Monday, September 15, 2014


Growing up in abject poverty, illegitimate, with no apparent advantages, Eva Peron transformed herself into a woman of power and prestige.  As the second wife of Argentina's president Juan Peron, she effectively ruled a nation.  With aspirations of being an actress, she developed a fascinating knack of seduction, a role she used over and over again to advance her position in society.  Eventually she used her beauty and charm and seduced an entire nation.

To uncover the tale of this high flying poseur, sail into the Bushnell Center for the Performing Arts from Tuesday, September 23 to Sunday, September 28 for Andrew Lloyd Webber and Tim Rice's memorable musical "Evita."

The story begins on July 26, 1952, the fateful day Eva exits this world, as her heartbroken fans and faithful followers mourn the loss of their self-appointed queen.  The storyteller Che, an everyman of the working class, has no love lost feelings for her and turns the clock back to reveal all her layers and dreams of glory.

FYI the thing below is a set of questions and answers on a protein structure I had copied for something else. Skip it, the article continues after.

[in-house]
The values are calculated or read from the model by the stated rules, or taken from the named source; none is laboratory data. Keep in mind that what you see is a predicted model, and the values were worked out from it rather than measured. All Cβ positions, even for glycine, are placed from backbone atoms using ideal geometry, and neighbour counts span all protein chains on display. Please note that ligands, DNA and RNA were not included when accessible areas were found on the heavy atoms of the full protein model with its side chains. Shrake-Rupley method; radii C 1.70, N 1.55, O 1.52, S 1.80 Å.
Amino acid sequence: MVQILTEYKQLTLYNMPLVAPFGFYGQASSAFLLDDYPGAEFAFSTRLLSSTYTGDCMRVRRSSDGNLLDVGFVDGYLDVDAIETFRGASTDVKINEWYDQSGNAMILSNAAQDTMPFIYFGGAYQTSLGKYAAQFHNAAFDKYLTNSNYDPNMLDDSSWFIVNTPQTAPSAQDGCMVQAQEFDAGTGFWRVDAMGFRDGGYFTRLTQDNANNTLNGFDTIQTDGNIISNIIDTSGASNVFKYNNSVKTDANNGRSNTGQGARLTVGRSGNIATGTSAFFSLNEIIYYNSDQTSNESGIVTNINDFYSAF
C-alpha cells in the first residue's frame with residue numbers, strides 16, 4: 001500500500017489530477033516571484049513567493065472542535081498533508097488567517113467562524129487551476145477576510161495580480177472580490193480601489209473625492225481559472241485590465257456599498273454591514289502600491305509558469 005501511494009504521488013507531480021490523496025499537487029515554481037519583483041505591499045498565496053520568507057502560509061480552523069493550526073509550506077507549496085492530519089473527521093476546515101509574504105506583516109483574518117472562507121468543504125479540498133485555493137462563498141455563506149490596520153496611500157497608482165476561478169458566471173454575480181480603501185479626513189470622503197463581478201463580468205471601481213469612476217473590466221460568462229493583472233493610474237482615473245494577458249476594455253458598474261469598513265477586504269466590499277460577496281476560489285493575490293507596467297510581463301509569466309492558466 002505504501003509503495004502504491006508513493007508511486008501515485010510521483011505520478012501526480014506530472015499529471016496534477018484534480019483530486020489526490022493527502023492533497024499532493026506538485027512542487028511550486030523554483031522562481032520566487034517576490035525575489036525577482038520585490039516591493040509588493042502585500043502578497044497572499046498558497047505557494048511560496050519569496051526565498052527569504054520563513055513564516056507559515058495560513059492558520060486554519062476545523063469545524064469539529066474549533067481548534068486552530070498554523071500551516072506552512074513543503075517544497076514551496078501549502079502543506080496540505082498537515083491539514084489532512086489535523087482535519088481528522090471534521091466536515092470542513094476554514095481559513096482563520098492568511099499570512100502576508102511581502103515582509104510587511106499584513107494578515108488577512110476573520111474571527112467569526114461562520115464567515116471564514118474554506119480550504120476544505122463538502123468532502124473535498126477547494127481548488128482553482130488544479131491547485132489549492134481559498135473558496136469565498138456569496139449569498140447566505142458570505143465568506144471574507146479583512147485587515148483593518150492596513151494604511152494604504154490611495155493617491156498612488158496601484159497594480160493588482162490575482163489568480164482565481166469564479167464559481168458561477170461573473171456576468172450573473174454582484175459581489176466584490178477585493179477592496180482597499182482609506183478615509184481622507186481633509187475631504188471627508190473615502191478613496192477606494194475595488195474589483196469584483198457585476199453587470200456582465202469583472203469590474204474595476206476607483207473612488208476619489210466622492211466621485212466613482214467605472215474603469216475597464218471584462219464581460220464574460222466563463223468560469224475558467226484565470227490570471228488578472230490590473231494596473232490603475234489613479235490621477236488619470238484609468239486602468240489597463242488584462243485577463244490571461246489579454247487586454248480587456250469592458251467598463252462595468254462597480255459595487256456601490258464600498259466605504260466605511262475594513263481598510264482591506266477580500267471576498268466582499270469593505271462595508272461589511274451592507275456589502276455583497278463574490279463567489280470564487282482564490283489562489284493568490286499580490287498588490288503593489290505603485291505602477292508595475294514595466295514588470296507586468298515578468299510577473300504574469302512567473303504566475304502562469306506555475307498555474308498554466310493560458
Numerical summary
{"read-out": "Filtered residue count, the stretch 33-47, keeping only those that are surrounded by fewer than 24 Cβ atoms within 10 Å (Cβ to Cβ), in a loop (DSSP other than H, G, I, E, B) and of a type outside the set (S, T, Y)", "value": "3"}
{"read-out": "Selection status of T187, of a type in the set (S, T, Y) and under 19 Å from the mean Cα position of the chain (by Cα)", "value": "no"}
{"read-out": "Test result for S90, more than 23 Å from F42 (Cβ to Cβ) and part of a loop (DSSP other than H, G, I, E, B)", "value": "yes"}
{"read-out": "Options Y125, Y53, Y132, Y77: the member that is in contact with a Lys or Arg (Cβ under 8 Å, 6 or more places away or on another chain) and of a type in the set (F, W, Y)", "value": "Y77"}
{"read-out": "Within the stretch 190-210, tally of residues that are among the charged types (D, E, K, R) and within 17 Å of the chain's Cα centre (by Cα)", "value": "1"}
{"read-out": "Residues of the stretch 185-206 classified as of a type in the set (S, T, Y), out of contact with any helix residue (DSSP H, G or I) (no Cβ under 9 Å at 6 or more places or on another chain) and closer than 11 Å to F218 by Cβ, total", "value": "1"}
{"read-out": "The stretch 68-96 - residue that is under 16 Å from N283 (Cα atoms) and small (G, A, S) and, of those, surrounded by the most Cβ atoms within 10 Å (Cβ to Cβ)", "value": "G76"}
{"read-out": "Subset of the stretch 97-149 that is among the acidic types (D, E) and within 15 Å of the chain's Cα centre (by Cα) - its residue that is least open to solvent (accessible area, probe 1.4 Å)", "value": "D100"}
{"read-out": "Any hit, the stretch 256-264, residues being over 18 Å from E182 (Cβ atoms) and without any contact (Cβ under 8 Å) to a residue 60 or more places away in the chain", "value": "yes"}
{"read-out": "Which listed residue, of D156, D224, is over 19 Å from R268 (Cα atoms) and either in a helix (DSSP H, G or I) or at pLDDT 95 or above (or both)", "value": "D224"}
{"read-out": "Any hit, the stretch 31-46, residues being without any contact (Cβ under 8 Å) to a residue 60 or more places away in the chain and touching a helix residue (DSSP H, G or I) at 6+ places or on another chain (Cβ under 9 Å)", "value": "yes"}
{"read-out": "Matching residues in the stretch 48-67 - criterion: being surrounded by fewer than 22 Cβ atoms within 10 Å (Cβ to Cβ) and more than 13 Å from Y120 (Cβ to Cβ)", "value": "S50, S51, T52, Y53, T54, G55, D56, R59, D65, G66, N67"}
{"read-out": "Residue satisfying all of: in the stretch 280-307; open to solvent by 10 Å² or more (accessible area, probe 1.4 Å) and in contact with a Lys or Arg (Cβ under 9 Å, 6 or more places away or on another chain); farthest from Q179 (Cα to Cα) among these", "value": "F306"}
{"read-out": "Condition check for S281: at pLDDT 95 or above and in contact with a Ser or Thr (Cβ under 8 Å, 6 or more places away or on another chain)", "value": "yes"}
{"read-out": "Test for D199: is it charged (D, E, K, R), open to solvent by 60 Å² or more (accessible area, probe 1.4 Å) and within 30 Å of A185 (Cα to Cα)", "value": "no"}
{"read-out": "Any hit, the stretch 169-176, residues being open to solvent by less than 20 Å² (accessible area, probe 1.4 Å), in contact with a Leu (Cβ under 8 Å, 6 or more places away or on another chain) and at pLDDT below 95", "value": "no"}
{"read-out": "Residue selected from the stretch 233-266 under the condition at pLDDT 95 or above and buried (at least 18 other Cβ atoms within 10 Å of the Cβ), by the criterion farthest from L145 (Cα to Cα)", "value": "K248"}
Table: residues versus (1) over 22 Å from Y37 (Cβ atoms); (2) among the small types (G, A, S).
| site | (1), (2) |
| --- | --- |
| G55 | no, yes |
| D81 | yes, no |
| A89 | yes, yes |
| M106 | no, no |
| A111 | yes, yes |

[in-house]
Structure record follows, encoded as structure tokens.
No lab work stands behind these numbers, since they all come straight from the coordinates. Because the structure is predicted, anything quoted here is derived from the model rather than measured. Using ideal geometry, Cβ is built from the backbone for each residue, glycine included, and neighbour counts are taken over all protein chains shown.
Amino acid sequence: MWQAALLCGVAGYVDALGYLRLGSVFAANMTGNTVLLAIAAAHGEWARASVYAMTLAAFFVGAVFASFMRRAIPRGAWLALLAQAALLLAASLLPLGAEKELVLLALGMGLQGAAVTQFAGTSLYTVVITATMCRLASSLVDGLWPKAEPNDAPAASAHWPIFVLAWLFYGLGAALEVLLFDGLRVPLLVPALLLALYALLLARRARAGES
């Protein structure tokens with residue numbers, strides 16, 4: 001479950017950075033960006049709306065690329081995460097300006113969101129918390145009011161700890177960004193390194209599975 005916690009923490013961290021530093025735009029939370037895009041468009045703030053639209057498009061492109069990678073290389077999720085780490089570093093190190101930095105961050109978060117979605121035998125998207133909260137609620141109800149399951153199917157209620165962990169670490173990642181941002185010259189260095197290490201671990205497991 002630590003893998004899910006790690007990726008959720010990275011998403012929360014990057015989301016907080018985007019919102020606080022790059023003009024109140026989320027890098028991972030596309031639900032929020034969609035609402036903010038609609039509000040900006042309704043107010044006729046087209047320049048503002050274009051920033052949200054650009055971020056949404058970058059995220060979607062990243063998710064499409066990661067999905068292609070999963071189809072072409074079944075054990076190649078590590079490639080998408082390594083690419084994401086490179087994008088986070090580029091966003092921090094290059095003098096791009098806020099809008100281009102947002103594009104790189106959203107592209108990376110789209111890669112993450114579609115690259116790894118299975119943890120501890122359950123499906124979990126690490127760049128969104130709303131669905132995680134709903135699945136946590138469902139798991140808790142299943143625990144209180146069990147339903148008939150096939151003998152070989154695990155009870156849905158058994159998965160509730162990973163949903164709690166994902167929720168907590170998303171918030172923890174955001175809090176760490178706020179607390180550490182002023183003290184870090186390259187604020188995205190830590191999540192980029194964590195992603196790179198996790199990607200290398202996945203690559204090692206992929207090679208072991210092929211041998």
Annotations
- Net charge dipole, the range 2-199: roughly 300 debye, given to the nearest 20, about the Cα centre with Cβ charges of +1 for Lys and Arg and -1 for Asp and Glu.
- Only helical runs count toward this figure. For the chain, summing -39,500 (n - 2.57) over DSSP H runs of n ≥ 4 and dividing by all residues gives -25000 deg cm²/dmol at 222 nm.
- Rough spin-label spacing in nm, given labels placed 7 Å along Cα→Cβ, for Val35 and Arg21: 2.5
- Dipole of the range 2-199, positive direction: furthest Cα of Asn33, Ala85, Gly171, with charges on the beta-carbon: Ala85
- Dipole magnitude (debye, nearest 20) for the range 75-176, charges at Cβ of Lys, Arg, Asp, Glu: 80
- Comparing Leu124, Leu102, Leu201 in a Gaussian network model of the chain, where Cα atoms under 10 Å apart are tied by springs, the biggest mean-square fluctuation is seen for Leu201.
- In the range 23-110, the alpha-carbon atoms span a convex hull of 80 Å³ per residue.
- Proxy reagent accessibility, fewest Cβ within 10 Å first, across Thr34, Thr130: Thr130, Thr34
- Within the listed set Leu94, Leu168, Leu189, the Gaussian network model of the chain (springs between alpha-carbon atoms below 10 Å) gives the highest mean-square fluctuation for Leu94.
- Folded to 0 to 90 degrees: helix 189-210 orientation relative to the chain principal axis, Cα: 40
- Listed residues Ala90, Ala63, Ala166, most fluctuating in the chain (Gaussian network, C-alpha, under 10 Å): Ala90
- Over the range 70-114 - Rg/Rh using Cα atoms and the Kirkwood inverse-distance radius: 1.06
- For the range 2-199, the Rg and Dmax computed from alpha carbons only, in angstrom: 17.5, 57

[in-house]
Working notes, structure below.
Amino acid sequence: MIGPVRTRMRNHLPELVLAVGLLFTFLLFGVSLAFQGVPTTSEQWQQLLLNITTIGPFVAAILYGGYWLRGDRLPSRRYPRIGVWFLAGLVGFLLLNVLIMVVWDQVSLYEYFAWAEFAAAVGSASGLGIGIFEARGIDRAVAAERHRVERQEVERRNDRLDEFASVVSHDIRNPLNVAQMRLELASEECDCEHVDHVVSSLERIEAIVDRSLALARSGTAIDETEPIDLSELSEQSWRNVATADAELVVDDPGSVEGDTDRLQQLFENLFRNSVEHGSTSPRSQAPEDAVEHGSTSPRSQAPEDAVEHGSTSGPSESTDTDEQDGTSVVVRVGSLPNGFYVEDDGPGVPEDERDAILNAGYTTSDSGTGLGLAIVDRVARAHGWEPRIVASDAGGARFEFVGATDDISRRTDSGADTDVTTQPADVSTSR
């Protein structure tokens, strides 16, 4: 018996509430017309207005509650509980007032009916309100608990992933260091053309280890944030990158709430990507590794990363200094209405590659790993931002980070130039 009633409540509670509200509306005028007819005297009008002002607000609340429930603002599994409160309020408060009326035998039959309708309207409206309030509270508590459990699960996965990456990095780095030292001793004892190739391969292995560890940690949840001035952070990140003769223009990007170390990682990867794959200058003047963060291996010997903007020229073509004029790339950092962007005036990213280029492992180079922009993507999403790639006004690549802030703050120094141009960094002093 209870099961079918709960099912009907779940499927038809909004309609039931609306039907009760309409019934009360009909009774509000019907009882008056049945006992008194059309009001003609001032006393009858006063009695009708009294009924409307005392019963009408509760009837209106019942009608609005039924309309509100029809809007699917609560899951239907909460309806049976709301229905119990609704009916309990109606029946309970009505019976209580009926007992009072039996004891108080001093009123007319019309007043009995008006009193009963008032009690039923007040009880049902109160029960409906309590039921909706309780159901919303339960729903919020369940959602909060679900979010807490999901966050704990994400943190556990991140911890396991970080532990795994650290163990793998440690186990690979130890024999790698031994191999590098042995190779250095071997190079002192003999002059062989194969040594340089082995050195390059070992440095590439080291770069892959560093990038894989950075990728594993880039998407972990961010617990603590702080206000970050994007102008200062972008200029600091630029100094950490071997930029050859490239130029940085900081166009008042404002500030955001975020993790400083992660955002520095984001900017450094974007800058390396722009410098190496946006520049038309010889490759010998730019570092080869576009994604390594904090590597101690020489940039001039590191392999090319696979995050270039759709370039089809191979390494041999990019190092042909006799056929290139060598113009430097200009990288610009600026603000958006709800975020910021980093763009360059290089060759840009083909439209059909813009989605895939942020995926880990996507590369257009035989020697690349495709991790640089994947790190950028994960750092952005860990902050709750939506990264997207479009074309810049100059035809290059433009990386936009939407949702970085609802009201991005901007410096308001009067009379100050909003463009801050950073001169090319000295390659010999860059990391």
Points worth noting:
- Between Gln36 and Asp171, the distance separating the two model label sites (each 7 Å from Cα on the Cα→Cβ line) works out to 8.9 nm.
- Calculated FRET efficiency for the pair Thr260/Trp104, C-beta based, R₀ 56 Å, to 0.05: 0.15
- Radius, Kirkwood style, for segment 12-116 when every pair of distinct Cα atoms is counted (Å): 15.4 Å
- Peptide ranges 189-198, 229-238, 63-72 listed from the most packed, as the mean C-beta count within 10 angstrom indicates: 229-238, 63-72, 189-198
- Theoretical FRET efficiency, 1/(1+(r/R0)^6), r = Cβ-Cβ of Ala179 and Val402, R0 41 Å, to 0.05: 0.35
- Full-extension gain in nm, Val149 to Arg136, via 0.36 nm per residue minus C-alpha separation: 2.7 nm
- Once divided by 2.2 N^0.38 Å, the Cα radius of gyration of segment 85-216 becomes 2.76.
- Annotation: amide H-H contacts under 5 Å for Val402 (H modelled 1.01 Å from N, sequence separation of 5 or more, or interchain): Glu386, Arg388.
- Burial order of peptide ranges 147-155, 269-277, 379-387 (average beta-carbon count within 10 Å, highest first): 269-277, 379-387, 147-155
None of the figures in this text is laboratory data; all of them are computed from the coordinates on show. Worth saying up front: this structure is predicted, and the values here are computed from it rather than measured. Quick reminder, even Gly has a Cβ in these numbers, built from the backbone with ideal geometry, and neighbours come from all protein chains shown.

Che (Max Quinlan) introduces the teenage Eva (Caroline Bowman) and tracks her insidious trail as she promotes herself as an actress and singer, always in sight of the brass ring of fame.  Without any qualms, she trades her body for one more rung up society's ladder, using roles as a model, radio star and actress to get closer and closer to her goal.  Politics enters her focus sight with the ascension of Colonel Juan Peron (Sean McLaughlin) to the military stage.  She entangles her life with his, convincing him "I'd Be Surprising Good For You."

Convincing Peron first, she then sets out to promote him to President, with herself by his side.  Initially rejected by high society, she succeeds in compelling the populace that she is a savior, a champion of the poor, in "Don't Cry For Me, Argentina."  The rest of her brief life is told in scenes of her travels to Europe and her reception back at home, from "Rainbow High" to "Eva's Final Lament."

Was she sinner or saint or somewhere in between?  "Evita" is a monumental tribute to the myths and mystery that swirl around her as dramatically directed by Michael Grandage.

For tickets ($21 and up), call the Bushnell, 166 Capitol Avenue, Hartford at 860-987-5900 or online at
Performances are Tuesday - Thursday at 7:30 p.m., Friday at 8 p.m., Saturday at 2 p.m. and 8 p.m. and Sunday at 1 p.m. and 6:30 p.m.

As the First Lady of Argentina, Eva Peron, known affectionately as Evita, overcame great obstacles to achieve lofty heights, enduring tragedy and demonstrating passions along the way.

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